Great long-form content keeps users engaged for more time

It’s much easier said than done, but if you can write long-form content that’s consistently engaging, your users will stay on the page longer. 

The business advantage of this is more opportunities to present calls-to-action to them throughout the piece and a higher likelihood that they’ll engage with your other content.

Longer content tends to get shared more on social media

A few years back, it became very popular for brands to create “ultimate guide” posts. There are ultimate guides to everything under the sun — dog training, Facebook ads, playing the harp, or screen printing.

Why? Because they work. Due to their wide scope and thoroughness, these posts are high candidates for virality on social media.

Not only because of their comprehensiveness but because the more you cover a particular topic, the more people you’ll appeal to. 

How long should my blog posts be to compete with the top players in my industry?

When it comes to blog post length, there is no one answer that fits all businesses. OkDork and BuzzSumo say it’s good to produce blog posts that are at least 2,000 words long, as they are more likely to go viral.

This will allow you to go into more detail about your products and services and provide valuable information to your readers.

In addition, they say that even longer posts (3,000 to 10,000 words) perform exceptionally well and get more shares.

In contrast, Moz and BuzzSumo teamed up to research content length and recommended that business owners should try to write a minimum of 1,000 words, saying that, on average, 85 percent of the content you find online is less than that.

So, if you surpass that number, the team reasoned that your content would probably do well on social platforms and search engines. However, the team went on to say that the effects start to wane when content goes over 2,000 words.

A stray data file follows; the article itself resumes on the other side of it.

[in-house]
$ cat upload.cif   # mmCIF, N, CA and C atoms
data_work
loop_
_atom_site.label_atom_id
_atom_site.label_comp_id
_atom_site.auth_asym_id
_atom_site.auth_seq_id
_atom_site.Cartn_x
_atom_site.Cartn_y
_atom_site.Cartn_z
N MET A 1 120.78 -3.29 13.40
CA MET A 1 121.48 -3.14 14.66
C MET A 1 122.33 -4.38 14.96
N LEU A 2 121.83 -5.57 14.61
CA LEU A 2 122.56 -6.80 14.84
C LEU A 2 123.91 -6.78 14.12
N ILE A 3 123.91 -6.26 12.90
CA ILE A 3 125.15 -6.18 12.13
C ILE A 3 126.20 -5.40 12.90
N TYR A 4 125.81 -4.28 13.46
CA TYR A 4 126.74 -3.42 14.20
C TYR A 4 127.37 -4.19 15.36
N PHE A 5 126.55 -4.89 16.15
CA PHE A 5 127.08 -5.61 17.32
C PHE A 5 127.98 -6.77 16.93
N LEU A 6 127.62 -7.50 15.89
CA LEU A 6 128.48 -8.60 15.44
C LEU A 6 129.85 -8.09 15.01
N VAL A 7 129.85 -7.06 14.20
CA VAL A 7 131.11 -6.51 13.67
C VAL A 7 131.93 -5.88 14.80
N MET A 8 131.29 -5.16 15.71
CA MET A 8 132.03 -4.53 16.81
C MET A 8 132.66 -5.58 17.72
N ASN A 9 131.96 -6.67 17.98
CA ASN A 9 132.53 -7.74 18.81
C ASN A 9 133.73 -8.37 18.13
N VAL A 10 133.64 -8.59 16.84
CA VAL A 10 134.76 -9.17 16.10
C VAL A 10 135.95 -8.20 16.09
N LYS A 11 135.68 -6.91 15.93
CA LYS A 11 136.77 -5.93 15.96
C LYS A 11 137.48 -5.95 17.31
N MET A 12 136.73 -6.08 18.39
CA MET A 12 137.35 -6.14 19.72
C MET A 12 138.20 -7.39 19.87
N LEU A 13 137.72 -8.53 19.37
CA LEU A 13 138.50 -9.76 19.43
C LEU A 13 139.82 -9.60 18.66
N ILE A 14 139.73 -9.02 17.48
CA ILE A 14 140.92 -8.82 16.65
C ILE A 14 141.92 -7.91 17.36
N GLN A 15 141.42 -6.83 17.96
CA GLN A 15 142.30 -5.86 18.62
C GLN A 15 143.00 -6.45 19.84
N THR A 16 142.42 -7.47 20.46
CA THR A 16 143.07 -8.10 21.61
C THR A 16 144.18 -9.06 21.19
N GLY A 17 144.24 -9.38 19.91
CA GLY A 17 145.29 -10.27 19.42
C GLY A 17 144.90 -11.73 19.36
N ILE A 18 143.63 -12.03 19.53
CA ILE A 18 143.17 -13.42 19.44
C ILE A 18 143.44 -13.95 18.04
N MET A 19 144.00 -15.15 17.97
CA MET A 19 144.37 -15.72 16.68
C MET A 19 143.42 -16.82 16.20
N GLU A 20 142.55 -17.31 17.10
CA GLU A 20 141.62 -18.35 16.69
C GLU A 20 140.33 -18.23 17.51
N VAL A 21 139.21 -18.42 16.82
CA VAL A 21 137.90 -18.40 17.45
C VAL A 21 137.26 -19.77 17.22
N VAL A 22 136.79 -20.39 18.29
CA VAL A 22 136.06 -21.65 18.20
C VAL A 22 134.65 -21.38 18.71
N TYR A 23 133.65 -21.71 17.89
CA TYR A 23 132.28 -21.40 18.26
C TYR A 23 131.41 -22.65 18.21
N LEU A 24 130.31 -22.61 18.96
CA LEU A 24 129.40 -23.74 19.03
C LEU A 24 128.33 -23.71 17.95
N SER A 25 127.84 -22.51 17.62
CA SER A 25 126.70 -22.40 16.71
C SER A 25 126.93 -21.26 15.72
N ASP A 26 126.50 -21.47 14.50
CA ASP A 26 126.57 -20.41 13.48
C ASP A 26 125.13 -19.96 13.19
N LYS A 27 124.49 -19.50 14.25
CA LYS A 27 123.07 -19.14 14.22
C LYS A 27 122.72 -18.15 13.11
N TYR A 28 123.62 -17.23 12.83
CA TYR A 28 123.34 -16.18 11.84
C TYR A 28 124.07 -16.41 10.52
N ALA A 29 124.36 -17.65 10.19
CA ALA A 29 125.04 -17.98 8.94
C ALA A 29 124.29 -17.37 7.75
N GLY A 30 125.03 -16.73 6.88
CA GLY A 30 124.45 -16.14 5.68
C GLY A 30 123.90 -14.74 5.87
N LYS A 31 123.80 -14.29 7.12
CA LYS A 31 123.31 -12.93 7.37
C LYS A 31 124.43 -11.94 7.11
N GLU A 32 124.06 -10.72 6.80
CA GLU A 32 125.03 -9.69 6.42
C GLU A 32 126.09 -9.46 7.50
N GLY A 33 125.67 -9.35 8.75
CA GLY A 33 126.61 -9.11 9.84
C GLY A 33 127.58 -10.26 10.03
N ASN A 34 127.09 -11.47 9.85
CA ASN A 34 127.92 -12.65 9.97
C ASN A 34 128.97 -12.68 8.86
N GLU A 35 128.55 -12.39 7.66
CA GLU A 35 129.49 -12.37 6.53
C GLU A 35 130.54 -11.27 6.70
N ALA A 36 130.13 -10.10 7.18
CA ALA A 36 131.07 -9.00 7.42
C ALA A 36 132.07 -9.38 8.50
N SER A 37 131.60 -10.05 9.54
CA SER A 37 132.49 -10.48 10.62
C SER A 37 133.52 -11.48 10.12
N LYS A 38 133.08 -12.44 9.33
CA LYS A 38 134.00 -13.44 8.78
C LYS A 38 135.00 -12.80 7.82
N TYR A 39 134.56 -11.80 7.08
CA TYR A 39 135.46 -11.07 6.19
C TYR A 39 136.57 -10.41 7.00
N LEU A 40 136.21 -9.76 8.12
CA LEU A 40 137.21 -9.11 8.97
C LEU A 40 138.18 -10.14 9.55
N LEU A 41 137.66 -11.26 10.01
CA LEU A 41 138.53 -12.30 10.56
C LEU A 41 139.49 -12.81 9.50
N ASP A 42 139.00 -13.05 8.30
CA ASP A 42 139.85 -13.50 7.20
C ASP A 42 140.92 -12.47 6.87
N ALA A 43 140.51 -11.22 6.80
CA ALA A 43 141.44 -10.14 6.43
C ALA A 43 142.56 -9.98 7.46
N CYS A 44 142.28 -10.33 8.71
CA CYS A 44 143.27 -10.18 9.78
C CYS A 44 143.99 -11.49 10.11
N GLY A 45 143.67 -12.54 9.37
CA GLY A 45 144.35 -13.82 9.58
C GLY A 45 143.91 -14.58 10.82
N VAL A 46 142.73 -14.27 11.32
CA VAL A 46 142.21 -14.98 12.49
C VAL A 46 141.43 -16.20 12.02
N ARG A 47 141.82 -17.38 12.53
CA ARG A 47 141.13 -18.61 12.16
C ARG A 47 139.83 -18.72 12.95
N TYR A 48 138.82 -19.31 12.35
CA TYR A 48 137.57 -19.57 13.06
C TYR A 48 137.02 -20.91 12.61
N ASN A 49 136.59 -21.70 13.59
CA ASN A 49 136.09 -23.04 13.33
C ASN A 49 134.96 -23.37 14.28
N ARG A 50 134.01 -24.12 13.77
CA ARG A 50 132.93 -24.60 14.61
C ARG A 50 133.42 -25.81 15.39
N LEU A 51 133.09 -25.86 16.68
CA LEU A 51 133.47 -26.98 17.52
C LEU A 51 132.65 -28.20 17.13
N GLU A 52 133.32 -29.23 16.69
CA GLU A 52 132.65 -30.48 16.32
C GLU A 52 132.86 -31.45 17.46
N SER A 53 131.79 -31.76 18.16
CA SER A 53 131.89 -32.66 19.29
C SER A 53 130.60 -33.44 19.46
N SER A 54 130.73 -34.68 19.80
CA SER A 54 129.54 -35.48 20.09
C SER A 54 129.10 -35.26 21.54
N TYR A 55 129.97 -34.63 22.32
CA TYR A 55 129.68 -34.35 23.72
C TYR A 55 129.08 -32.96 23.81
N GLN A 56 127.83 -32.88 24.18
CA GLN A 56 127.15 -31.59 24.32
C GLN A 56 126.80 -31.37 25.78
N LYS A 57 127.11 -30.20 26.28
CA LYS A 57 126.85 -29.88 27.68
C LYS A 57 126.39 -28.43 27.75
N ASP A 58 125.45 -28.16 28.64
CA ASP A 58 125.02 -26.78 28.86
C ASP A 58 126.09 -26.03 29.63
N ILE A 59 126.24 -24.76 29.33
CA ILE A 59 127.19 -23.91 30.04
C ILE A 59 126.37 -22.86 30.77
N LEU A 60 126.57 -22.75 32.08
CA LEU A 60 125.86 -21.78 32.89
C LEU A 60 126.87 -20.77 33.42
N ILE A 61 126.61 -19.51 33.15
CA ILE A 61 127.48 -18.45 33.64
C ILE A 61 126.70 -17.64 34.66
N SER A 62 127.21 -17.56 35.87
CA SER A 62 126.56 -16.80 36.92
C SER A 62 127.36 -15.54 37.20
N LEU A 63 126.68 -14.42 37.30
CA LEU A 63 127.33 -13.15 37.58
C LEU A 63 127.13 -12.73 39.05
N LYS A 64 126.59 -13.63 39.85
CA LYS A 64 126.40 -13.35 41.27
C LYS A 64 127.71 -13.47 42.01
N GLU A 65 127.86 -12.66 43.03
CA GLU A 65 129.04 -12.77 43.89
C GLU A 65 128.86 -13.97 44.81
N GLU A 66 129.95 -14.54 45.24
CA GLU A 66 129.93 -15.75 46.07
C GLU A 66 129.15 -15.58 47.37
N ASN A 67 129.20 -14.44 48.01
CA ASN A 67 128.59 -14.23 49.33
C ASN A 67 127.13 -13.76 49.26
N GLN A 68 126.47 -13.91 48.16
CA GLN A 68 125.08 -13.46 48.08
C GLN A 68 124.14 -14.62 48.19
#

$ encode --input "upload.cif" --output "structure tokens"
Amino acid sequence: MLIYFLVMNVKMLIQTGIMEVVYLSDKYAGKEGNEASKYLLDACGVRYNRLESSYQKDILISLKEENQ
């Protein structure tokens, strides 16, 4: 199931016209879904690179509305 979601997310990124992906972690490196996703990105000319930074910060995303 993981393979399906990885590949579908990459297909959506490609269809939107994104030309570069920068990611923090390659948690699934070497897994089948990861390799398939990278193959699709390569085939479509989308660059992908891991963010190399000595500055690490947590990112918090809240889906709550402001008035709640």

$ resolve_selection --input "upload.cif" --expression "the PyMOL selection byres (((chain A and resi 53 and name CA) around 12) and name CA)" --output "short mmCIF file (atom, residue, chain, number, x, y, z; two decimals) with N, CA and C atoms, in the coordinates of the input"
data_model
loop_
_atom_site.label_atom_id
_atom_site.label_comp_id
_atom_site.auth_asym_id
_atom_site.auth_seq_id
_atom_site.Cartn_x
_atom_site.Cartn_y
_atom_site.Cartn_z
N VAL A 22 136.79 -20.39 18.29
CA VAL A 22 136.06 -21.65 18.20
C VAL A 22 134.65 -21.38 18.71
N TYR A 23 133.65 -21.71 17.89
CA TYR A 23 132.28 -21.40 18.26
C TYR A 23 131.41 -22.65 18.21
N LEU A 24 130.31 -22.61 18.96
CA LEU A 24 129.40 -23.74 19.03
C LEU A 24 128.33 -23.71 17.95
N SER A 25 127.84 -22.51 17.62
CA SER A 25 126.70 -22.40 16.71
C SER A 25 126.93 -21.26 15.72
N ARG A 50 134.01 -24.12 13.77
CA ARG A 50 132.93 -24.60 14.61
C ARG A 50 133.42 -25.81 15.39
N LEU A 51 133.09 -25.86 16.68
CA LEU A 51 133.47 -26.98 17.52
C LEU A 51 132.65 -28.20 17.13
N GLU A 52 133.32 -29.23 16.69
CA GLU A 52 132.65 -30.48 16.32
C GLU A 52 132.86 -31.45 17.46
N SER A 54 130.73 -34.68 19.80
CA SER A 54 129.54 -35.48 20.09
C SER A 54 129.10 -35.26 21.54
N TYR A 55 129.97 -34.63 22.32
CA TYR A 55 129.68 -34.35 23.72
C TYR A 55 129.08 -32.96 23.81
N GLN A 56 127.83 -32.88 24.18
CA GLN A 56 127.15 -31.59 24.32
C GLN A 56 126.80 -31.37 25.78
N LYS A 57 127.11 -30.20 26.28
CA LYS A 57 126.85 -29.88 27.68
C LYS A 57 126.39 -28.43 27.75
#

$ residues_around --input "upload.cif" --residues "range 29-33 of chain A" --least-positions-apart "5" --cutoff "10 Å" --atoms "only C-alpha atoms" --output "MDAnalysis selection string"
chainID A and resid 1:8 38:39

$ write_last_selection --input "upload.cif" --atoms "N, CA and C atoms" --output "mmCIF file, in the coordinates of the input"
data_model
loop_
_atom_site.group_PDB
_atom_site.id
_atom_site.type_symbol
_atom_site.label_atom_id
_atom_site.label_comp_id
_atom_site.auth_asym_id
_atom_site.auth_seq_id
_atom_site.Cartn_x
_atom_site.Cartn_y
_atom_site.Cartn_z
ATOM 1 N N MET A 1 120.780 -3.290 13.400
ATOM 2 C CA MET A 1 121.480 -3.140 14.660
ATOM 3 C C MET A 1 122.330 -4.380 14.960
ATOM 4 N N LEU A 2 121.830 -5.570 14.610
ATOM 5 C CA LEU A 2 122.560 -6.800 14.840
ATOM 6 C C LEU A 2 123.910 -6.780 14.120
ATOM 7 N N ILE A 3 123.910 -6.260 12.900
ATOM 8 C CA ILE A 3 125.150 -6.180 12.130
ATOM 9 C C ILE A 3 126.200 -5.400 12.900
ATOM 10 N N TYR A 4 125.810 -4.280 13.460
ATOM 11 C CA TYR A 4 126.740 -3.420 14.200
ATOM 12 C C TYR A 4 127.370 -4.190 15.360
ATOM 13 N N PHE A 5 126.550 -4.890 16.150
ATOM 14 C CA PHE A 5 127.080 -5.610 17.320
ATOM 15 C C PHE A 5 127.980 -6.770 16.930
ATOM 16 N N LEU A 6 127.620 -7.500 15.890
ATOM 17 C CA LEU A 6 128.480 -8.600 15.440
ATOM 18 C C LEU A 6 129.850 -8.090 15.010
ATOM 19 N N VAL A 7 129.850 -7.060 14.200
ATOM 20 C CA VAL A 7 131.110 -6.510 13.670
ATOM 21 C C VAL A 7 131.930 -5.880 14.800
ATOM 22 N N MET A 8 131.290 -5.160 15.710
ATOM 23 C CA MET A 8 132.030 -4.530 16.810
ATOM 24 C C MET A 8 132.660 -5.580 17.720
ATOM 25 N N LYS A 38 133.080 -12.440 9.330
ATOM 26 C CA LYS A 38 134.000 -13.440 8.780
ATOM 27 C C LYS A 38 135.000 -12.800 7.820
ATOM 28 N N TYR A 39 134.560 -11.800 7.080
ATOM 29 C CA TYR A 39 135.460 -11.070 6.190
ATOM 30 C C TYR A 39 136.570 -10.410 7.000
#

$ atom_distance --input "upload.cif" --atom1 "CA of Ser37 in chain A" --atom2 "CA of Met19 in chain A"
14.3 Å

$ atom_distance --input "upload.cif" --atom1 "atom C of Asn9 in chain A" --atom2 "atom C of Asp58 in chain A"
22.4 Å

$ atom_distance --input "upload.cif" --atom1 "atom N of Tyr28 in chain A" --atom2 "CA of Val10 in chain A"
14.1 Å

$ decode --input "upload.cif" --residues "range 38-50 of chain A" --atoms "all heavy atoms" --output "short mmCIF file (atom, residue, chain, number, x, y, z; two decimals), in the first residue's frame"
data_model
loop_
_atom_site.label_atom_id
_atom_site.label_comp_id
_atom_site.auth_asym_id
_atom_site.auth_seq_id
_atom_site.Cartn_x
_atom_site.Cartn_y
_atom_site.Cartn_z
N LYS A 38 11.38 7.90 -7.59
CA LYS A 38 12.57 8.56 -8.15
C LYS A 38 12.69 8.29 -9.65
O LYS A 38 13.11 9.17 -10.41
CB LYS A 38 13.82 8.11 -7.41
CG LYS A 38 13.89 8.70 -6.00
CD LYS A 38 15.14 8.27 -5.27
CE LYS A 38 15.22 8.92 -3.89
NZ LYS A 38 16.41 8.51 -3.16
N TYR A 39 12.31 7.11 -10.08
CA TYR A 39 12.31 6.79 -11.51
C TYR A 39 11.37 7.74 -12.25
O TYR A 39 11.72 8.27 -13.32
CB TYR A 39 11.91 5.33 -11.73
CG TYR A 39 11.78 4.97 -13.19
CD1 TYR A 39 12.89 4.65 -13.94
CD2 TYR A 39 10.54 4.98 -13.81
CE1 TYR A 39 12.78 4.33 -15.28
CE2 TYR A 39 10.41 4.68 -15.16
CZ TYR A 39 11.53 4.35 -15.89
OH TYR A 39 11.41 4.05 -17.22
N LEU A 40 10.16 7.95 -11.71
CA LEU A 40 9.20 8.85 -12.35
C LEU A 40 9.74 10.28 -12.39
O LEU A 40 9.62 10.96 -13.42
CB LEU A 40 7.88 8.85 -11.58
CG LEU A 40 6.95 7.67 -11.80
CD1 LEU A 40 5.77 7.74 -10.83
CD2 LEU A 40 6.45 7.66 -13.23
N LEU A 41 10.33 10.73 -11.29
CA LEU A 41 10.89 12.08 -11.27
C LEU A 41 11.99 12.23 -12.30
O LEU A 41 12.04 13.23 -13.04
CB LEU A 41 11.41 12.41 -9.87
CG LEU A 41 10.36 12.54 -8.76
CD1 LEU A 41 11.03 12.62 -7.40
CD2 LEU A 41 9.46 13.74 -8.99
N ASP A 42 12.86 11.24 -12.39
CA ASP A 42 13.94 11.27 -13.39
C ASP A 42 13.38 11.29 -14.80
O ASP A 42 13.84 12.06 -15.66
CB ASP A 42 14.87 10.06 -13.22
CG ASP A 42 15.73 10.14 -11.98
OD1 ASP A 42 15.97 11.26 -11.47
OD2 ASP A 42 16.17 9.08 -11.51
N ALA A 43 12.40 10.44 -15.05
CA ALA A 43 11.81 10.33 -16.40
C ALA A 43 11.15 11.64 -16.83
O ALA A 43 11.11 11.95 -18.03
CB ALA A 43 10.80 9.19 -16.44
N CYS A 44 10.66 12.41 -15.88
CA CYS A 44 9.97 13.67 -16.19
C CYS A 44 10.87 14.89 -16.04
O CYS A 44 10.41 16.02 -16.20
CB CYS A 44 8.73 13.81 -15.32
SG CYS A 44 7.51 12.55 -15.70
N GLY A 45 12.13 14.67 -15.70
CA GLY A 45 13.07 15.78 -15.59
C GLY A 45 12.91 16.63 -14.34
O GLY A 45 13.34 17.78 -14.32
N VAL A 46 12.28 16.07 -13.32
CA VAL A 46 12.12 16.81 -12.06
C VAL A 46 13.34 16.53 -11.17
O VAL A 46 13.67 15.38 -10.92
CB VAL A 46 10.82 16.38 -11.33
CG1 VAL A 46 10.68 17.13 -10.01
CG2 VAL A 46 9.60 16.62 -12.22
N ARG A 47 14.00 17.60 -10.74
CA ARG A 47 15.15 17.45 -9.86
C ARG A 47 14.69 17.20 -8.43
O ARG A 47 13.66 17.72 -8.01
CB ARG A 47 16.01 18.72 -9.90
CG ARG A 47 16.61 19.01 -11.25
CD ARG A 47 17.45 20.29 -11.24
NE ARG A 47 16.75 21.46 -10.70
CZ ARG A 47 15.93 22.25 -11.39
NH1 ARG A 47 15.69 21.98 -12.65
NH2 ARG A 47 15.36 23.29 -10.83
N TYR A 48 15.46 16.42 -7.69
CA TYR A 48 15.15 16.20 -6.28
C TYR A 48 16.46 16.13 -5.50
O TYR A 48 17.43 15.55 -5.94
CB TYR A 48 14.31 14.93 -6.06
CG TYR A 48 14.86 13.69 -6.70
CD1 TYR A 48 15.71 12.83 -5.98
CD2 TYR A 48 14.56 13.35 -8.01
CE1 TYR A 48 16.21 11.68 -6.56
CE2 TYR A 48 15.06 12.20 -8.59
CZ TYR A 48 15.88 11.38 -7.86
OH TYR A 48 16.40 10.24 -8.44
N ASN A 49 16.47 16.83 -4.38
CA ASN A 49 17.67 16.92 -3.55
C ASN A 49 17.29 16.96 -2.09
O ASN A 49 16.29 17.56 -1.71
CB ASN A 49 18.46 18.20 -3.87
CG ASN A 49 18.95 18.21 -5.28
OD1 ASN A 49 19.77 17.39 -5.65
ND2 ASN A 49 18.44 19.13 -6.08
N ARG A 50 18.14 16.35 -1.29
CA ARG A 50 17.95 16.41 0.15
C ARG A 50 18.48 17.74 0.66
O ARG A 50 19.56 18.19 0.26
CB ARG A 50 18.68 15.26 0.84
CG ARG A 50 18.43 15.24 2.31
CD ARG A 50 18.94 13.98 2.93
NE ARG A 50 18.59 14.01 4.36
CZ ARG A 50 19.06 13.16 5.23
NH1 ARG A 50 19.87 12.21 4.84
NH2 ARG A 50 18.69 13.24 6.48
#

CoSchedule did a similar study and found that articles that were the most shared and had a top Google ranking had a length of 4,066 on average. Their findings agreed with OkDork’s and BuzzSumo’s when it came to recommending that a post should be a minimum of 2,000 words.

The researchers at CoSchedule added that the length of the post is not the only deciding factor and that quality and relevance matter, especially when it comes to social sharing.

Also, if you are going by how long content should take to read, Medium says seven minutes is the sweet spot to hit.

While these stats are interesting and probably helpful, they can’t possibly account for the massive scope of what could be included in a blog post.

For example, say you’re running an eCommerce store in the pet niche. If someone were to Google “how long do pugs live?”, they’re probably not interested in a 2,000-word dissertation on the history of pugs, pug breeding, or pug diets. 

They simply want a quick answer to their question, and Google will reward the posts that offer the best, simplest, and most comprehensive solution.